Mittwoch, 22. Oktober 2014

Beyond Normal Life, there still may be Further Progress

The Realized Universe (Genjo kôan, Part 6)

There are many dimensions for seeing reality. We as human beings have to leave the dust and dirt of the so-called normal life to go the Buddha way. Then we leave the normal barriers and hindrances of body-and-mind and especially of our understanding of human beings, social groups and the world.

“And beyond this, there still may be further progress. The existence of (their) practice-and-experience and the existence of their lifetime and their life, are like this."

It is important that we find our place in this world and that we find our true actions in society and in the realized universe. And these dimensions cannot be only materialistic and physical, they go beyond the opposition of subjective and objective. Because reality exists in the present moment, the past and the future are not so important because they are just processes in our brain. In the state of perfect realization it appears together with the Buddha Dharma and this is the natural and free situation. It is very important to remember that mere consciousness is not so important:

“Do not assume that what is attained will inevitably self-conscious and be recognized by the intellect.”

And if we are practising: to get a small part of the world, a Dharma, means to penetrate one Dharma.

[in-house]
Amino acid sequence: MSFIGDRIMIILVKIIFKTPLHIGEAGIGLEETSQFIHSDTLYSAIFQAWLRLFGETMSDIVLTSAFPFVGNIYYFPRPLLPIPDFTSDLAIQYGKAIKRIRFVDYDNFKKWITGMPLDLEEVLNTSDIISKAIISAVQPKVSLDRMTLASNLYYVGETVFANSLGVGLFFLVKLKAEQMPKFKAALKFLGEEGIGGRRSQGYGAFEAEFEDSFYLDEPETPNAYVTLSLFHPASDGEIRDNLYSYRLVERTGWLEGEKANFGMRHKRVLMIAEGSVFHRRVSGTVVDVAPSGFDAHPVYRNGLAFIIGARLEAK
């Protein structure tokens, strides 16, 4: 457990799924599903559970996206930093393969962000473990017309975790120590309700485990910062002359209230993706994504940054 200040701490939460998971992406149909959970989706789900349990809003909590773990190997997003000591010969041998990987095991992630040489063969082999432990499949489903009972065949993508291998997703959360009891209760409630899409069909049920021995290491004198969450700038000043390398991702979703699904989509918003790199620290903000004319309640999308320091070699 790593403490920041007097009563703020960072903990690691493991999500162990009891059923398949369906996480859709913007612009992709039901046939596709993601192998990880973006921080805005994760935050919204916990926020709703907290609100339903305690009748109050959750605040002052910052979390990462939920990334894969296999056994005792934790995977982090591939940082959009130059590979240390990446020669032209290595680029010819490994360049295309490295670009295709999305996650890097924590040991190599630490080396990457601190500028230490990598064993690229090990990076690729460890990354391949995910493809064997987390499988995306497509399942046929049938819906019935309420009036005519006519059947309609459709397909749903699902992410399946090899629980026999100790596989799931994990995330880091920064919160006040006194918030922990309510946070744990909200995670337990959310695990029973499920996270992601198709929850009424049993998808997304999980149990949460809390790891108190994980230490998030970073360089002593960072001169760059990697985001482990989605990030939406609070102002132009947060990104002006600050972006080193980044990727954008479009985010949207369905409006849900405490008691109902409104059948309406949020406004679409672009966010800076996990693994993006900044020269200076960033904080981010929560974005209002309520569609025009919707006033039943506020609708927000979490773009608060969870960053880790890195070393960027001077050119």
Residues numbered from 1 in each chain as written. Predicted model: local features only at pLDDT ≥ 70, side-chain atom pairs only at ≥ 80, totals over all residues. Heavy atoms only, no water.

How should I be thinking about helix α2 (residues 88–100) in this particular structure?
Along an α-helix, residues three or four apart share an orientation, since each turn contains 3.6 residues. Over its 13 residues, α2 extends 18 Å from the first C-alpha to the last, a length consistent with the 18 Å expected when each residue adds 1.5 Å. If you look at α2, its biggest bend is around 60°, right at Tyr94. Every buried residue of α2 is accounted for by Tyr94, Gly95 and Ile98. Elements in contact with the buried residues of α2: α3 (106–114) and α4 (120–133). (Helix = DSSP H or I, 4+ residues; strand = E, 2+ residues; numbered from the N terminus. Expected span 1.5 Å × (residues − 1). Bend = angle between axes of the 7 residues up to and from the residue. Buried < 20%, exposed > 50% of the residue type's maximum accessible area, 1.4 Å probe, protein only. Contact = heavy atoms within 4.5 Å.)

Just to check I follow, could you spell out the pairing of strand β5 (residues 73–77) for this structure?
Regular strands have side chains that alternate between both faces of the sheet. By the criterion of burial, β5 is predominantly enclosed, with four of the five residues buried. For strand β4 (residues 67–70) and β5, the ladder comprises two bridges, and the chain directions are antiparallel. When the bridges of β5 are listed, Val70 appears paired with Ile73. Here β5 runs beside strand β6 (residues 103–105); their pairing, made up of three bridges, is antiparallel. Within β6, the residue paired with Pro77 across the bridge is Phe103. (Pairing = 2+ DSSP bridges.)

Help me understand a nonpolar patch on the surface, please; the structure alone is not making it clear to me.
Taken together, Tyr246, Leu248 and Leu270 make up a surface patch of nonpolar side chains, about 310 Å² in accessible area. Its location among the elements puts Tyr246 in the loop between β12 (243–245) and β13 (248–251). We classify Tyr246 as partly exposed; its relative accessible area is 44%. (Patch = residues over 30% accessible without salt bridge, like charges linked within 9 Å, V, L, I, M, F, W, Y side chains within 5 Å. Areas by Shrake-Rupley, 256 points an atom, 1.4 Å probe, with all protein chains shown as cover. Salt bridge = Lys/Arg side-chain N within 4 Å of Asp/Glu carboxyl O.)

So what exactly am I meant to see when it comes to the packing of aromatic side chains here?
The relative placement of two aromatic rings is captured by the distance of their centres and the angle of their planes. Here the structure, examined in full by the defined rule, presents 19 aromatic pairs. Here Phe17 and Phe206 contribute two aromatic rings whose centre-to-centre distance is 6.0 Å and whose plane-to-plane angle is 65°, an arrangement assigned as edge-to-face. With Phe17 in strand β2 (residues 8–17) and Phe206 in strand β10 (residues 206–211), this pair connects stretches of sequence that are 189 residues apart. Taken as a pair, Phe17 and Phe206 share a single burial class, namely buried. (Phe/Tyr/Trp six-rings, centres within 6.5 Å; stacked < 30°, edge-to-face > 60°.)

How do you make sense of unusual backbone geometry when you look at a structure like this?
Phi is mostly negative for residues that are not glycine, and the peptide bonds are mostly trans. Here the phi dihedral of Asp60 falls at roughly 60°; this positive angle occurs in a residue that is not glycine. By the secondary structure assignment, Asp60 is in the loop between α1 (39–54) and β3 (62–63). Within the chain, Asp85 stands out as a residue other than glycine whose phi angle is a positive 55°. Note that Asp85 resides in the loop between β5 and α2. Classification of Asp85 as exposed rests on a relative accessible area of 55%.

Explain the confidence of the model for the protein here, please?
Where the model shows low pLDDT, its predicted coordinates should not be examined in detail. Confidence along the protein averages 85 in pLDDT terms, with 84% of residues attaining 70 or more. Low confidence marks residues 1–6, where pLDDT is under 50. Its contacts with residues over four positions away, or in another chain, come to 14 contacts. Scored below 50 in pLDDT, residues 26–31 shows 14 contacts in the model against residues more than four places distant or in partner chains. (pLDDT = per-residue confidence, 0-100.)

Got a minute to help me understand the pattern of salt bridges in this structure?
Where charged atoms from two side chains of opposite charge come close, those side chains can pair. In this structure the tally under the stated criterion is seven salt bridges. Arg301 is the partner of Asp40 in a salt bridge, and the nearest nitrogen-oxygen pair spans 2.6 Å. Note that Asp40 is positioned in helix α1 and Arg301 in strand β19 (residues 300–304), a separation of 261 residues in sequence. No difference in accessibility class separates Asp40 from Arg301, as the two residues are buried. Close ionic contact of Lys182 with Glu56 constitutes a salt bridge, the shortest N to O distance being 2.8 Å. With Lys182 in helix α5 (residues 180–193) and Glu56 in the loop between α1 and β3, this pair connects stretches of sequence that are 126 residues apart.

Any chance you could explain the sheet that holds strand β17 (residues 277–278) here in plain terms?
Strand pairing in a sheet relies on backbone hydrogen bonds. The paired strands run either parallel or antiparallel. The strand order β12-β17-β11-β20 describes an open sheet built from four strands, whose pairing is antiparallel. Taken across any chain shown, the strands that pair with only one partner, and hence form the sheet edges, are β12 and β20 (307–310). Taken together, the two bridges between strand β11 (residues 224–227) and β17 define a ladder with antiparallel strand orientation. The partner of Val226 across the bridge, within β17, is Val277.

In the last paragraph of this important chapter Master Dôgen tells a kôan story about a Master, who is using a fan because it is hot and he wants to have some refreshing coolness. A monk comes along. He is convinced that he is very intelligent and knows a lot about the Buddha Dharma. So he tells the Master:

“The nature of air is to be ever-present, and there is no place that (air) cannot reach. Why then does the Master use the fan?”

So he might be intellectually right and have an abstract understanding of Buddha´s teaching, but in the concrete situation of using a fan such nice words are not very important and miss the mark. And this truth is exactly what the Master tells the monk. But at first the monk doesn’t understand what the Master is trying to explain to him. So he asks the question again about the truth of the air being everywhere. But it is evident that words cannot convince the monk and help him to experience reality itself. Because of this, the Master does not continue the conversation, he just moves the fan to get fresh air. Through this action the monk immediately enters into reality and understands the Buddhist truth, and so he prostrates himself before the master:

“The real experience of the Buddha-Dharma, the vigorous road of the authentic transmission, is like this.”